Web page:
Problem #5: How Much Energy Is That Anyway? — Units of Heat: Calories or joules consumed in a snack and used during exercise
Note: See all referenced files in the "Supplemental Files" section, at the end of this page.
This introductory lesson requires students to convert between various units of energy (Calories, calories and joules) as they determine the energy released when they eat a snack and the energy used when they are active.
The students will:
- Understand that energy is released by the food we eat and used by our bodies.
- Convert between units of calories, Calories and joules.
- Relate and apply chemical principles to their life.
NC SCOS GOAL 4.02 Analyze the law of conservation of energy, energy transformation, and various forms of energy involved in chemical and physical processes.
National Science Content Standard A: All students should develop an understanding of
- Abilities necessary to do scientific inquiry
- Understandings about scientific inquiry
National Science Content Standard B: All students should develop an understanding of
- Structure of atoms
- Structure and properties of matter
- Chemical reactions
- Motions and forces
- Conservation of energy and increase in disorder
Classroom time required
1 - 85 minute class periods
- How Much Energy Is That Anyway? Student Sheet (1 for each student)
- A variety of snack packs (1 per group) for the How Much Energy Is That Anyway? activity.
- Barium hydroxide and ammonium chloride for the endothermic demonstration as well as a small wood board (6” X 12”)
- Hot Hands or Toasty Toes for the exothermic demonstration ( 1 per class).
Students should have an understanding of types of reactions and dimensional analysis.
Students should distinguish between heat and temperature
- Ensure that there is a snack package with the nutrition label available for each lab group.
- Prepare the endothermic demo by gathering a 250 ml Erlenmeyer flask and placing 32 g of Ba(OH)2 8H2O g in the flask. Have 11 g of NH4Cl weighed on a piece of weigh paper. Have a piece of wood available to place the flask on.
- Review the difference between heat and temperature with a focus on heat as a form of energy.
- Lead into a discussion about the human body as a machine that requires energy and sources of that energy.
- Hand out the How Much Energy Is That Anyway? Activity and have students work in groups of 3 or 4 to complete the activity.
- Follow this activity with a class discussion that leads students to understand that food is the source of energy for our bodies. We use a tremendous amount of energy each day and so we require a significant amount of food as the fuel. Have students compare the joules of energy needed to run their car to those needed to run their body. You could base this on the same 10 mile distance that is given in question 3a of the conclusion.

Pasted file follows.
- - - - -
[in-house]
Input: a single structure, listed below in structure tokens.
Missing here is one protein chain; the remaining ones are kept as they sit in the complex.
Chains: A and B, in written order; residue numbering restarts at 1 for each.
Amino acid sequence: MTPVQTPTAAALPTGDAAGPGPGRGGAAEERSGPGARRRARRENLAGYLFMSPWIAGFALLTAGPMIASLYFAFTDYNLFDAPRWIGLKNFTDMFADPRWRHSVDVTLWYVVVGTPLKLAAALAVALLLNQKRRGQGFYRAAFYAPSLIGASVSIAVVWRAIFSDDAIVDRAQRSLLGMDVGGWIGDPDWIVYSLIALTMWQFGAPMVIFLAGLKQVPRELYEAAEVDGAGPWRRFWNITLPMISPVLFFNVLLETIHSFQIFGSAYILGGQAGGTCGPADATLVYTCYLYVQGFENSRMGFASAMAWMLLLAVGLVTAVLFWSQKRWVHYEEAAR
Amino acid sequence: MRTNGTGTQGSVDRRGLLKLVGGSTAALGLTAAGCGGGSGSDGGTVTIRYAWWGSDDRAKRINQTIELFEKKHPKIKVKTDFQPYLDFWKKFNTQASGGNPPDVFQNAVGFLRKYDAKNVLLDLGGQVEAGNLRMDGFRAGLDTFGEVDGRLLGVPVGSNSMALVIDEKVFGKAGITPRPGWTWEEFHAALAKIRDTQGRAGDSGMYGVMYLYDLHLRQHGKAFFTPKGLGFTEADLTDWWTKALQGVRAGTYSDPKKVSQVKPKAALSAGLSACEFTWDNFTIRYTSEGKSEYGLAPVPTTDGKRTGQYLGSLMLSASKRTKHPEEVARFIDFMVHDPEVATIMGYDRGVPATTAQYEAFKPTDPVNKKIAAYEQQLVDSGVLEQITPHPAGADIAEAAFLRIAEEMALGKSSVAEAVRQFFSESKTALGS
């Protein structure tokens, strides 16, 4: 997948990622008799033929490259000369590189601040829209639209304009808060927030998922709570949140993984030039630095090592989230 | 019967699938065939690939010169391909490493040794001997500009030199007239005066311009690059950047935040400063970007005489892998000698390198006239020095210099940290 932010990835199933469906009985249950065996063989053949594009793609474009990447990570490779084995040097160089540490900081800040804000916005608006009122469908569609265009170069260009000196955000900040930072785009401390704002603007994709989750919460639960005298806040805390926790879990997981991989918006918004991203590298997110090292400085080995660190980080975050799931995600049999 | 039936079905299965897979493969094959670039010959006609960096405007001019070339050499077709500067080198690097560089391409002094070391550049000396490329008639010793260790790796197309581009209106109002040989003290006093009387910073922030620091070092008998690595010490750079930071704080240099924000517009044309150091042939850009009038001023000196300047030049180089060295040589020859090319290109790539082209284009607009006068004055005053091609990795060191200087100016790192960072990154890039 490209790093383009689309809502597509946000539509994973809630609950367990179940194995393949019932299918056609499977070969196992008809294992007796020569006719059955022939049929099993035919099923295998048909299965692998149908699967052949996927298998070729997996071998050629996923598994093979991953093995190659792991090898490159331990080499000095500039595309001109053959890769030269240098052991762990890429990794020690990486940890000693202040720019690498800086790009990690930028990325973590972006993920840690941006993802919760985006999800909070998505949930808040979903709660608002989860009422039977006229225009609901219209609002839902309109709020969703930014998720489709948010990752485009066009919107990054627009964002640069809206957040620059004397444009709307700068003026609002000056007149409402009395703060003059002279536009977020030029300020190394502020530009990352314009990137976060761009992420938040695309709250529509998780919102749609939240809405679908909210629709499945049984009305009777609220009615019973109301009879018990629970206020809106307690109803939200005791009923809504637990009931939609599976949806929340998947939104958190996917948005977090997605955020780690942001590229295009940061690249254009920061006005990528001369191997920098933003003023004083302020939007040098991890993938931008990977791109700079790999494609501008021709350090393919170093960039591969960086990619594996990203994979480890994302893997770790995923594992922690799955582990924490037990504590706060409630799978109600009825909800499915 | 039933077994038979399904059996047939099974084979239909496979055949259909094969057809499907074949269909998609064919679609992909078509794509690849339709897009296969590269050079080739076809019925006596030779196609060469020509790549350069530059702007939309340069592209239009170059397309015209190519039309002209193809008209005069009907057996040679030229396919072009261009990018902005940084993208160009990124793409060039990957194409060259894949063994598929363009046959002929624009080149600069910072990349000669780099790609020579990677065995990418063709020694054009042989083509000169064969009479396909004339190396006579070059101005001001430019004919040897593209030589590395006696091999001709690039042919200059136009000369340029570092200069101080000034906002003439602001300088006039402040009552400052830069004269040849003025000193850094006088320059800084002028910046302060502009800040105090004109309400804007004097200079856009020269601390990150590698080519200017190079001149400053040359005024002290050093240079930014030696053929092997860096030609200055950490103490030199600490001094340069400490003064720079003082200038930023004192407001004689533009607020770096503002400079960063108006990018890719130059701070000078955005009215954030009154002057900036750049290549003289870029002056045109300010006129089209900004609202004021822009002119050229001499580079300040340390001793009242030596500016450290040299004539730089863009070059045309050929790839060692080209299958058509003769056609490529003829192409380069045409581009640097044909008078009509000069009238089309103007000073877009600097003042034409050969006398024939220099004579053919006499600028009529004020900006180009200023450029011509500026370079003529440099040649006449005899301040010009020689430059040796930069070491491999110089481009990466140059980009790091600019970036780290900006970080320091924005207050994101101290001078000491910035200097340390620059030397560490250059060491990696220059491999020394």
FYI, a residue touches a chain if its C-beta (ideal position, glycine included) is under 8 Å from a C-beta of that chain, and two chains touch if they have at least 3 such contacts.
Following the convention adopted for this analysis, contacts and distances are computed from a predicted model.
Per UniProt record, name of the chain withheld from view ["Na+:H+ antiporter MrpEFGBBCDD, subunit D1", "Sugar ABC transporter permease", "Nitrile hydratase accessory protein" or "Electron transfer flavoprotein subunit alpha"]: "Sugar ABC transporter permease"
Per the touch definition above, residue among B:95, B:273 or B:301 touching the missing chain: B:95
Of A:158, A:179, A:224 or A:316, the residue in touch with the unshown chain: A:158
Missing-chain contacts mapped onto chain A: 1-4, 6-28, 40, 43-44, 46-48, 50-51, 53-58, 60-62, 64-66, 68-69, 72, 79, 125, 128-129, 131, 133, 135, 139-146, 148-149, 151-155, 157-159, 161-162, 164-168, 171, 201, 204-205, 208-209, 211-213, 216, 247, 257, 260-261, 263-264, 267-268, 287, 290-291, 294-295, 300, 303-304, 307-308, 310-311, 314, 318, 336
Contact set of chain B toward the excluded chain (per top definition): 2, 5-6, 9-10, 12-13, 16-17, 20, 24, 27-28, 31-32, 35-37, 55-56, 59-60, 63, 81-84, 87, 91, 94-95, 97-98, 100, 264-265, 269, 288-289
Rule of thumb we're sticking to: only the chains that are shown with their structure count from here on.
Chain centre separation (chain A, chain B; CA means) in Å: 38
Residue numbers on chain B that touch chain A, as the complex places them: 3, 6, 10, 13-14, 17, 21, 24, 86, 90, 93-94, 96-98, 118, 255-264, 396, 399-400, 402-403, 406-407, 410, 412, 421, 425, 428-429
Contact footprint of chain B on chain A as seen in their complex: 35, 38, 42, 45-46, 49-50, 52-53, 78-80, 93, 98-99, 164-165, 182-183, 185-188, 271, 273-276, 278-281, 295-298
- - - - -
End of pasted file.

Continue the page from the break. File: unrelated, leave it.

- The following reaction, glucose + oxygen → carbon dioxide + water + energy, is just one example of how a reaction can produce energy. Ask the students if all reactions produce energy (Exothermic). Some will recognize that reactions can also require energy (Endothermic).
- Demonstrate an endothermic and an exothermic reaction to show that energy (heat) is involved in reactions other than digestion. Perform an endothermic demo (prepared prior to the start of class): Put water on the wood board. Add the ammonium chloride to the flask containing barium hydroxide prepared prior to class and swirl to mix. Walk around the room and ask students to comment on what they observe. They should notice that the 2 powders mix and begin to form a slurry and eventually a liquid. Allow students to touch the outside of the flask and describe how it feels to the class. The flask will become very cold and frost is sometimes visible. At this point, place the flask on the wet wood board and it will freeze to the wood within a minute. This is a very endothermic reaction. Heat is pulled from the water so that the temperature of the water drops below the freezing point. Follow this with a demonstration of hot hands which is an exothermic reaction. Write the equations for each of these reactions on the board. Students can help with formulas and balancing.
Heat + Ba(OH)2 + NH4Cl → NH3 + H2O + BaCl2
Fe + 3 O2 → 2 Fe2O3 + heat
Complete the How Much Energy Is That Anyway? Activity.
- When using the How Much Energy Is That Anyway? activity, the last question in the conclusion asks for their additional questions. These questions can be addressed in as much detail as time allows.
purchased different snack packs for each lab group to discourage sharing of calculations between lab groups.
The Hot Hands or Toasty Toes can be purchased at a drug store or online. They are inexpensive, but not reusable so I use them as a demonstration. The directions are on the packet. The reaction is a simple oxidation of iron.